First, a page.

A recent blog post touched on the feasibility of Mink, the 3D makeup printer. Since then, there have been follow up articles and an early look at a Mink prototype. Sadly, Mink still has the same feasibility issues and unanswered questions.
- A Harvard Woman Is Blowing Up The $55 Billion Beauty Industry With 3D Printed Makeup
- How A Burger King Employee Switched Careers And Came Up With A Brilliant Startup That Could Disrupt A $US55 Billion Industry
- Hack Your Own Mink – Happy Minking! 😉 (Hint: The audio track in this video is a song with obscene words)
From the hackathon video, we have more make-believe demonstrations that don’t show how the “blank” (white) makeup is printed with colour. The video goes straight from placing the blank makeup to a cut scene with colour already applied. Nowhere do we actually see a demonstration of “3D printing”; the highly touted feature of Mink. Instead, we see a lot of manual processes that require you to carefully prepare and, in some cases, mix the “printed colours” into the makeup. As mentioned in the blog, Mink is just a colour mixer. Let us recap the concerns:
- Colour Reproduction: This is the biggest issue and no colour comparisons were given in the video demonstrations. The custom ink tanks looked very watered down and won’t be able to produce the full range of colours from a computer screen. The impact of adding liquid to the blank makeup on its consistency is a tricky problem. A colour that requires ink from all the base colours will add more liquid to the makeup than a colour that only requires one base colour. A deeper shade requires more ink than a lighter shade.
- 3D Printing: The videos clearly show that Mink is not a 3D printer and that manual work is required from the user to give shape to their makeup. Mink is simply a poorly designed colour mixer using printing technology. It is anyone’s guess as to how Mink will eventually print lipstick, lip gloss, eye shadow, blush, nail polish, and brow powder (as mentioned by Mink founder, Grace).
- Maintenance: Since Mink is not a 3D printer, the maintenance of the actual printer is reduced. However, extra accessories would need to be used and these accessories will need to be prepped and cleaned.
It so happens that Grace, the founder of Mink, would also like to start a makeup revolution. Here are some profound quotes from the articles and videos:
It’s finally training our girls to understand that the definition of beautiful should be in their control, not in corporations.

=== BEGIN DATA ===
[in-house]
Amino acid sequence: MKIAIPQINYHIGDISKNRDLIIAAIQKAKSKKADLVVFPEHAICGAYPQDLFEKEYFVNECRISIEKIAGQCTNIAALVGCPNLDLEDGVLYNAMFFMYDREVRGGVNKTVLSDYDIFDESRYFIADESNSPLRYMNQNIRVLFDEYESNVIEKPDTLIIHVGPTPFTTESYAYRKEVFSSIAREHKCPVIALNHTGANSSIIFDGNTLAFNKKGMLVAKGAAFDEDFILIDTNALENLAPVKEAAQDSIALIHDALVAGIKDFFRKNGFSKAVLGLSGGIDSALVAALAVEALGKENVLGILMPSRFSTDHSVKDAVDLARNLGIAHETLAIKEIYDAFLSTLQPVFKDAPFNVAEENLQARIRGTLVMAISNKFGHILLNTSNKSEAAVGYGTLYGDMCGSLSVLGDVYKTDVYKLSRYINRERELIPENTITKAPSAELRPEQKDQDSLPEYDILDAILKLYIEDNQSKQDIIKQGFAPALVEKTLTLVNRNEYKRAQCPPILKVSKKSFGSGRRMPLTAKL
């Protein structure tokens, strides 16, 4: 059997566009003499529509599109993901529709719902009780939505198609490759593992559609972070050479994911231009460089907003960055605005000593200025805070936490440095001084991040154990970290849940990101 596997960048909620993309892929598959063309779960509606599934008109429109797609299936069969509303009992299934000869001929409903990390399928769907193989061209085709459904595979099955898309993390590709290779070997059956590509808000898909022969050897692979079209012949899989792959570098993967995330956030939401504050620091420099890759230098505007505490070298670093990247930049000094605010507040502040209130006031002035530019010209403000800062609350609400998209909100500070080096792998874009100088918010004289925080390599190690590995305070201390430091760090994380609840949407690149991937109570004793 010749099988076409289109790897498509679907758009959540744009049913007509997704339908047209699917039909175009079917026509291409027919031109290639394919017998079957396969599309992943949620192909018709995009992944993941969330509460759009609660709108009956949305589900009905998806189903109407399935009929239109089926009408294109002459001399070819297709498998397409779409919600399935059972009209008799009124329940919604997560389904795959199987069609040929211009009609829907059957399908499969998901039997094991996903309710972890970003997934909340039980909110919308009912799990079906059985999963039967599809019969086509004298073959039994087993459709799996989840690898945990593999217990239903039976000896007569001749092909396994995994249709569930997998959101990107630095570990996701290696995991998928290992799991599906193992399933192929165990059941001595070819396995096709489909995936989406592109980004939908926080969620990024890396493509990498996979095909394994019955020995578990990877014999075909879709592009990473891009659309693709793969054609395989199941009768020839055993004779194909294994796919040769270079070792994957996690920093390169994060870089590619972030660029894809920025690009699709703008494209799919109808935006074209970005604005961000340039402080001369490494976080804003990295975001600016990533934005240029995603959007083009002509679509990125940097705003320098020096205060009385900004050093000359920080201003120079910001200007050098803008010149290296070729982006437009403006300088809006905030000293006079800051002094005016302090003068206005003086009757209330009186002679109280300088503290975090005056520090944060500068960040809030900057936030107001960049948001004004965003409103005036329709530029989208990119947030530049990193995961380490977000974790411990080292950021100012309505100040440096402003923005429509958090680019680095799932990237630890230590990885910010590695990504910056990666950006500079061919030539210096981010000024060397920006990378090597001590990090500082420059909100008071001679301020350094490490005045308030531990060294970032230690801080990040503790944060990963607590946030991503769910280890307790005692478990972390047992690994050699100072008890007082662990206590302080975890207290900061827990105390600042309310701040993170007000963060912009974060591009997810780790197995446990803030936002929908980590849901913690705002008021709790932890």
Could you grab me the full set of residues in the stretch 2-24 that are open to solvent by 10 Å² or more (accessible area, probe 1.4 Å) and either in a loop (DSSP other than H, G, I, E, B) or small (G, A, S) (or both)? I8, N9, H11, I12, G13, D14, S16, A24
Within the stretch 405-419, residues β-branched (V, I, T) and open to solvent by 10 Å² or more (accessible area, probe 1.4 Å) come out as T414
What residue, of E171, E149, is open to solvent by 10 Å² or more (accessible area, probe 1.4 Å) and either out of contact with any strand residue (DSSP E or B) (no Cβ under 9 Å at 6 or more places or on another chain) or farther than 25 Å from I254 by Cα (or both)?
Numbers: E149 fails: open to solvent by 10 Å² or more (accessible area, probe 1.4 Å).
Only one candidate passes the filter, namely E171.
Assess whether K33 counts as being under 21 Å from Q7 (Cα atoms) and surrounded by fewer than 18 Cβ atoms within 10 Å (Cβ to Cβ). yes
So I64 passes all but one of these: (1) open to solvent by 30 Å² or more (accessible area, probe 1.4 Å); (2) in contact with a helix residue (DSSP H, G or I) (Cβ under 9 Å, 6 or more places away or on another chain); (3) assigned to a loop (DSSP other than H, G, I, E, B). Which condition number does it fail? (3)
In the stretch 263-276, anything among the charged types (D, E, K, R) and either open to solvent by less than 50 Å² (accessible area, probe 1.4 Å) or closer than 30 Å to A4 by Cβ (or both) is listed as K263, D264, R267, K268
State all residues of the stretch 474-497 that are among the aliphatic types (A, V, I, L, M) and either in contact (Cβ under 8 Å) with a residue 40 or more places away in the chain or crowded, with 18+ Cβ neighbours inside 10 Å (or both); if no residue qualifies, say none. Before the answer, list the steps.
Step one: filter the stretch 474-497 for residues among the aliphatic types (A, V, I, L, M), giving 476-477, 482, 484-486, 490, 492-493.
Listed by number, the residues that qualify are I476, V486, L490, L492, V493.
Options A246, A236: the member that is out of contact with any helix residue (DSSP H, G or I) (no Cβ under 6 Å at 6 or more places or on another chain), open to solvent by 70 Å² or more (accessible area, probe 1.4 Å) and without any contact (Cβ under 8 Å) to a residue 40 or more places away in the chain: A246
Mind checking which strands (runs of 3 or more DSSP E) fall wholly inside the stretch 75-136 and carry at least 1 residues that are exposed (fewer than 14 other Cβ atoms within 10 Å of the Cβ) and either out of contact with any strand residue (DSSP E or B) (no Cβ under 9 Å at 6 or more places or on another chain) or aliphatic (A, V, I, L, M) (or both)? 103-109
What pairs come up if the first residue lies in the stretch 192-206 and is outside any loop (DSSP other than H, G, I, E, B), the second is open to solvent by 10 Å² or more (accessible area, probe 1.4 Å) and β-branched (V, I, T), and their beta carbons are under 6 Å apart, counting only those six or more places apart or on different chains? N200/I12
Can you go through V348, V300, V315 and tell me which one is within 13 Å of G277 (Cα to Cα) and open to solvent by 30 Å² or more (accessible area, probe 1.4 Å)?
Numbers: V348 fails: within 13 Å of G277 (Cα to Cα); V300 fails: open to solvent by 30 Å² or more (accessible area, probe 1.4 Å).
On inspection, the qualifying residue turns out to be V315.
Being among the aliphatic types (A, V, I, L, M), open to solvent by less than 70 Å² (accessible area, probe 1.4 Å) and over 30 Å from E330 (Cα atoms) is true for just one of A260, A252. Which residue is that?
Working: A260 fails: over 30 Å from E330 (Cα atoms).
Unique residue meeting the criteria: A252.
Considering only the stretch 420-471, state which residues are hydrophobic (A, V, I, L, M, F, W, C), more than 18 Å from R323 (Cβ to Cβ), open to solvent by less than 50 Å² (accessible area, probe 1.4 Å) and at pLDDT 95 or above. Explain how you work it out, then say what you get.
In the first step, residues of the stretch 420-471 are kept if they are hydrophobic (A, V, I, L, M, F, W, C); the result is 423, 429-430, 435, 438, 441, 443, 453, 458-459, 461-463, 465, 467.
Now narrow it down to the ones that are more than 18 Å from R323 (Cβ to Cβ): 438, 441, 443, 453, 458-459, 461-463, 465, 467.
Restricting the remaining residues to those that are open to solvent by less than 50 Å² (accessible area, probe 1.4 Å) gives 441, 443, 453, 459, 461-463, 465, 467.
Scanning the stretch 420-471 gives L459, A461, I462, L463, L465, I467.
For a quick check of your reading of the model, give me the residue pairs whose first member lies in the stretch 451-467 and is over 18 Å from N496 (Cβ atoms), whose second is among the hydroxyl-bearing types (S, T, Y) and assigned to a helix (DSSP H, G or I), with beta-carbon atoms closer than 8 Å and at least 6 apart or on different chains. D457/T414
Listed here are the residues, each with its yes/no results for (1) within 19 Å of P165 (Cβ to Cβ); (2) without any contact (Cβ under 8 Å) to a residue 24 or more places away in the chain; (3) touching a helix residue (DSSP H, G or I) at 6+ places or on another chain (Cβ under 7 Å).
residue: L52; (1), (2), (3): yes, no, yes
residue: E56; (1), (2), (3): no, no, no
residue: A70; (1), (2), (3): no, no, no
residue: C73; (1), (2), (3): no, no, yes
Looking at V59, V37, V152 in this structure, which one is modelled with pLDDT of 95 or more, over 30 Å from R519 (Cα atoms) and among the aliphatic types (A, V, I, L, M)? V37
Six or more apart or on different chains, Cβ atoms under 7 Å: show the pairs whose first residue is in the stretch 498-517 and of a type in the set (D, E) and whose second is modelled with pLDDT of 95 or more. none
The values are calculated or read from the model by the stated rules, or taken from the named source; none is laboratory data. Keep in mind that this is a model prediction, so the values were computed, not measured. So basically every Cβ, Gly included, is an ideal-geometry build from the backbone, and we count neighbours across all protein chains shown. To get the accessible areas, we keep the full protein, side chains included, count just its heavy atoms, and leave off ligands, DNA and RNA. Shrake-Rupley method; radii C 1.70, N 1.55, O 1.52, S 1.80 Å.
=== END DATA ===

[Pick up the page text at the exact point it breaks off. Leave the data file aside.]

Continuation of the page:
That was what Grace had to say about why Mink is so good. The problem is that makeup can only give you superficial beauty. People should never be trained to define beauty by the makeup someone wears. Mink will only add to the distorted view of beauty, just as magazines and superstars already have.
Choi had long felt Asians were underrepresented in beauty industry marketing, and she’d struggled to find skin care products that catered to her skin tone.
“I felt pretty insignificant when there was no Asian Cover Girl model,” she says. “America is supposed to be progressive.”
Perhaps Asians are underrepresented in the (western) beauty industry marketing because Asians are a minority of the western population. It makes sense to market your product to the largest market segments. You will have more luck finding Asian Cover Girls and products for Asians in an Asian country.
With Mink, “the colour [variety] question doesn’t have to come up, because the Internet solves that. Every colour is free on the Internet,” Choi says.
The Internet is not the reason why digital colours are free. Digital colours are just numbers on the computer and you can easily create them without needing the internet. Digital colours have always been free and will continue be free. I find it ironic that Grace would use Photoshop, a rather expensive program, because it already comes with a colour palette that gives you access to all the colours you could possibly dream off.
Choi’s solution prints just a top layer of ink onto a blank (white) shadow, cream or moisturizer. It could be seen as a problem that the ink doesn’t seep all the way through like consumers are used to when they buy makeup. Choi actually thinks it’s a good problem that could save consumers money.
So, Mink is clearly not a 3D printer.
Choi envisions a world where celebrities have iTunes-like pages for makeup, where a girl can log on and print Kim Kardashian’s exact lipstick shade to wear.
Perhaps Pinterest-like pages? Selling colours (which are numbers) on the internet is never going to work. People would just use a colour picker to “steal” the colour.
Thanks to G for pointing out the following link. Here is a step-by-step guide on how to hack a printer to print your makeup: How To Hack Your Home Printer So It Will 3D Print Any Lipstick, Nail Polish, Eye Shadow Or Other Makeup You Want. Somethings to notice:
- Step 3: Edible inks on your face? Edible inks are safe to eat but does that mean they are safe to be on your skin for an extended period of time (e.g., no irritation)?
- Step 15: You need some skills in preparing drugs.
- Step 24: How did the substrate get an even coverage? Normally, the paper must be moved during the printing process because the printer head can only print a strip of colour. If the substrate is not being moved, then there should only be one strip of colour on it.
- Step 30: Interesting role model to show.
- Step 35: To make nail polish, you will need twink and white markers? Are these FDA approved? Please, no!
- Step 39: This is not going to turn out well …
- Step 42: … and the twink is on the finger …
- Step 43: … and now it’s in the printer. Let’s hope the colour splashes all over the correct finger nail.
- Step 44: Oops, you missed a spot.